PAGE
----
The City University of New York– Apr 19, 2013
Queens College hurricane expert Nicholas K. Coch calls for rezoning to bar structures less than 500 feet from the shoreline, building flood walls and protecting subway and tunnels to reduce damage from future hurricanes. With sea levels rising as global warming melts polar icecaps and heats the ocean, “every storm in the future is going to do progressively more damage.” The $51 billion federal rescue plan wastes money on rebuilding houses that are doomed to further destruction and developing sea gates across New York Harbor. “There are far more effective and cheaper things that should be done immediately.”
Nicholas K. Coch
Journal of Coastal Research (2015) 31 (1): 196–212.
Coch, N.K., 2015. Unique vulnerability of the New York–New Jersey Metropolitan Area to hurricane destruction.
Hurricanes making landfall in the New York–New Jersey Metropolitan Area (NYNJMA) are infrequent, but their effects are considerably greater than those of similar Saffir–Simpson categories in the South. Hurricanes that caused major damage hit the NYNJMA directly in 1821 and 1893, and the only major (Category 3+) U.S. hurricane to hit several major U.S. urban coastal centers was the Long Island–New England Hurricane of 1938. The destruction resulting from landfall of a northern hurricane is greater that of a similar Saffir–Simpson category storm in the South. This damage amplification is the result of both the different characteristics of northern hurricanes and the unique geographic, geologic, oceanographic, and demographic characteristics in the northeast United States. Northern hurricanes move two to three times faster, have enlarged wind fields, and have a mostly coast-normal track that carries their more devastating right side hundreds of kilometers inland. A review of historical hurricane landfalls in the NYNJMA shows how they greatly amplify the damage from hurricane winds, storm surge, and freshwater flooding. Past hurricane landfalls caused great damage when the region was far less settled and developed than today. The NYNJMA is now the most densely settled and developed hurricane-prone urban coastal region in the world, and hurricane landfall will result in damage and economic dislocation that will have national and international economic, as well as other, consequences.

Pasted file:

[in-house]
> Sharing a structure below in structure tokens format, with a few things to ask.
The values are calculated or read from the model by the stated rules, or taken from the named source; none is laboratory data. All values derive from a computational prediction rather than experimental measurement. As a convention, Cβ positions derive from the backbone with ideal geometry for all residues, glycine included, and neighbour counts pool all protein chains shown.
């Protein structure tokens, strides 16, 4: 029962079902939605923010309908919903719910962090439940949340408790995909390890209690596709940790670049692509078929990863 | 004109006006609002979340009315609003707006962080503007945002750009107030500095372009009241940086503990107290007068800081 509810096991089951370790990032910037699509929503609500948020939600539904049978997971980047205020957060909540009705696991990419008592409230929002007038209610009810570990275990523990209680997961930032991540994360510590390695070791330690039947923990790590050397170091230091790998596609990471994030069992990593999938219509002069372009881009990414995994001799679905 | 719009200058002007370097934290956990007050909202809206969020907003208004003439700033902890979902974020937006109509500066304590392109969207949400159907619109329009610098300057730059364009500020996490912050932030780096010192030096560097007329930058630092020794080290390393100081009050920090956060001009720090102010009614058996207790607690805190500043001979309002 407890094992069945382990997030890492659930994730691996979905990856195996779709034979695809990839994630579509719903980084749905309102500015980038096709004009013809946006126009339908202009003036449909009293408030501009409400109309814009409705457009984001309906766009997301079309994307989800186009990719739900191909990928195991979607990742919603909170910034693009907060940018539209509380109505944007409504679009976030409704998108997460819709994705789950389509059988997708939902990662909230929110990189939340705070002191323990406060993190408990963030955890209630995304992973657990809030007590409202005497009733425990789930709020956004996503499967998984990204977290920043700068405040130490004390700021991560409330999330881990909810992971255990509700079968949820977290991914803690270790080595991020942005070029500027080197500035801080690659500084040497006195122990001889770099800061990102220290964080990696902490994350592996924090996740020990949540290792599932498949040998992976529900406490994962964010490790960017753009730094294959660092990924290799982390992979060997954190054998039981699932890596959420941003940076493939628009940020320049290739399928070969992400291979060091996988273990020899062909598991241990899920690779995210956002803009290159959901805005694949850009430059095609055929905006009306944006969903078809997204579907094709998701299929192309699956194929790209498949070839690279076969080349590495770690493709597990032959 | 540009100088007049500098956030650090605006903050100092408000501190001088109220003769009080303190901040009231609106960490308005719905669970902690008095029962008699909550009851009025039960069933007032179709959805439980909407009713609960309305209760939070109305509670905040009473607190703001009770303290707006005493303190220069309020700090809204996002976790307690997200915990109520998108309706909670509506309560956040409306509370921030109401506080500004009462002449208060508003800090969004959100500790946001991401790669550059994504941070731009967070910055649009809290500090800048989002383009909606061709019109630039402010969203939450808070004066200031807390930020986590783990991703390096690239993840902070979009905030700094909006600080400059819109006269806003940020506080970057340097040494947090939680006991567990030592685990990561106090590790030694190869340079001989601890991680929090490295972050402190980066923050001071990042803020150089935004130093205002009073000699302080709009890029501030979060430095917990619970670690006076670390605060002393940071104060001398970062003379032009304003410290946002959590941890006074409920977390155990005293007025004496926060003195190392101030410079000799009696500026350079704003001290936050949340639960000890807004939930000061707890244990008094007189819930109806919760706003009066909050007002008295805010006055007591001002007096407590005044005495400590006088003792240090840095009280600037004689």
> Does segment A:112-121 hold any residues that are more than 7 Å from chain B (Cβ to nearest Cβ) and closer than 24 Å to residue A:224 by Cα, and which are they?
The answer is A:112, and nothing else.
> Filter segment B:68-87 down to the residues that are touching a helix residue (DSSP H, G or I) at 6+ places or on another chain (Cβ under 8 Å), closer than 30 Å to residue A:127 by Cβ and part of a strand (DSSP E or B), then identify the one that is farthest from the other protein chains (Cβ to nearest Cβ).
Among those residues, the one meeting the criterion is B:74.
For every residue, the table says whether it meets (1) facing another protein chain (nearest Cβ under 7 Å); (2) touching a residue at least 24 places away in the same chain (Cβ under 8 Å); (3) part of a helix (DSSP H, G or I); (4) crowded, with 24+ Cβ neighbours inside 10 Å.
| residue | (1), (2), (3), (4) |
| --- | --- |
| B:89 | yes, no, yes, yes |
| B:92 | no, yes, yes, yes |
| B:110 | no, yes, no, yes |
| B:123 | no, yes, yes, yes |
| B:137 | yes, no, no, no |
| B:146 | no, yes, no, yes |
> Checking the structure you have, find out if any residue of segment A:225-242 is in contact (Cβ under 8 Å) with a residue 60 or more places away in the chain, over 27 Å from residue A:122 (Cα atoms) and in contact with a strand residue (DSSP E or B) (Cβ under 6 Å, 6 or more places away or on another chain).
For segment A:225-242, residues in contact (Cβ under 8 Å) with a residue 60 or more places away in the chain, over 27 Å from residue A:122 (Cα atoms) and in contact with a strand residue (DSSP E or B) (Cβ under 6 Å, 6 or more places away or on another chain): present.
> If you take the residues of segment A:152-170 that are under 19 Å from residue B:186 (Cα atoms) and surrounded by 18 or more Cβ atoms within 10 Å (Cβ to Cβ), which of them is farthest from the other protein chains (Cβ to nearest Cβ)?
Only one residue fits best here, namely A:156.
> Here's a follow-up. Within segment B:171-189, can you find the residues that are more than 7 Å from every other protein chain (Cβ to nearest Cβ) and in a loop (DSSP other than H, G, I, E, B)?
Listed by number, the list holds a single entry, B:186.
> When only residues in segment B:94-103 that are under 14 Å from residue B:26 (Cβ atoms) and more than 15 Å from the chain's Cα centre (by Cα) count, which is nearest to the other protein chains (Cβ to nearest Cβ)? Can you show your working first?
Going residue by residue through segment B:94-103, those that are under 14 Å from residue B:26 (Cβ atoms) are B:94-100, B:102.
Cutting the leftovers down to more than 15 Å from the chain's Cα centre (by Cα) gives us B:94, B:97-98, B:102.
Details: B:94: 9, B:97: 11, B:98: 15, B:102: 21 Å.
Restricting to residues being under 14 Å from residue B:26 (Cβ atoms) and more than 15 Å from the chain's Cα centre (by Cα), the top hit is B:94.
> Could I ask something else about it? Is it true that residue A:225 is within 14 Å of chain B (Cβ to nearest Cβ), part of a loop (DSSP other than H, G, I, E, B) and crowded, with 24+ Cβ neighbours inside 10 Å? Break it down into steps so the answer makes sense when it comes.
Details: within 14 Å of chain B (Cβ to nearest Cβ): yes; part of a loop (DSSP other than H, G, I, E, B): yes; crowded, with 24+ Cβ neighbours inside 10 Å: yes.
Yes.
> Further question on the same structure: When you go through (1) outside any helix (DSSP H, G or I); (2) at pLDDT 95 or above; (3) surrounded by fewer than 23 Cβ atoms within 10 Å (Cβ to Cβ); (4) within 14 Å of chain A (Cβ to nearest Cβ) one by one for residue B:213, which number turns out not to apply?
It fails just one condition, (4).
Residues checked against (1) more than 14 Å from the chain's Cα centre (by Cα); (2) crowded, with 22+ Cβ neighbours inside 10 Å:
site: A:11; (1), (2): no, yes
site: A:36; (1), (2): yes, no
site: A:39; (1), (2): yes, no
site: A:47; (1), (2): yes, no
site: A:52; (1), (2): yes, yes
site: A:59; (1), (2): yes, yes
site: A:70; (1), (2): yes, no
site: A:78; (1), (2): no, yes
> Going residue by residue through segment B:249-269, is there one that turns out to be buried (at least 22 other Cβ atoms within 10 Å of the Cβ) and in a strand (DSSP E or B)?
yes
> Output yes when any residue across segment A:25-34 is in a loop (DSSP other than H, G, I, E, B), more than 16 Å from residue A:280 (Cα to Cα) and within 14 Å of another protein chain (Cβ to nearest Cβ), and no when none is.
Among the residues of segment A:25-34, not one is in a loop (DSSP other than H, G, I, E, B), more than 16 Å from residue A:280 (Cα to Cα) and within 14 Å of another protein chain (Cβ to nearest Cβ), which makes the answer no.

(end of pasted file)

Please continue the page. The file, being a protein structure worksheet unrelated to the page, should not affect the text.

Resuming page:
See related: Nicholas K. Coch
Forbes Breaking News Aug 3, 2021
State Department spokesperson Ned Price issues a statement on Ethiopia.
PBS NewsHour– Aug 3, 2021
The Biden administration this week sent its most senior official yet to Addis Ababa, the capital of Ethiopia. USAID Director Samantha Power is putting pressure on the Ethiopian government and its Nobel Peace Prize-winning prime minister to alleviate a humanitarian crisis in the country’s Tigray region. But as Nick Schifrin reports, the Ethiopian government seems determined to target Tigray.
HISTORY – Jul 30, 2021
As temperatures rise, a global meltdown has begun. From the Andes to the Himalayas to the Alps, glaciers are vanishing. In Antarctica and Greenland, vast ice sheets are turning into liquid, in Season 2, Episode 6, “Glacier Meltdown.”
wesawthat – Oct 23, 2012
Iranian president Mahmoud Ahmadinejad at Columbia University Monday 24 September 2007
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speaker: Mahmoud Ahmadinejad
speaker: Mahmoud Ahmadinejad
Al Jazeera English – Sep 25, 2007
Mahmoud Ahmadinejad, the president of Iran, visited the prestigous Columbia university in New York and gave a speech concerning the Middle East and US foreign policy. But as Al Jazeera’s Kristen Saloomey reports, he was met with loud protests and condemnation.
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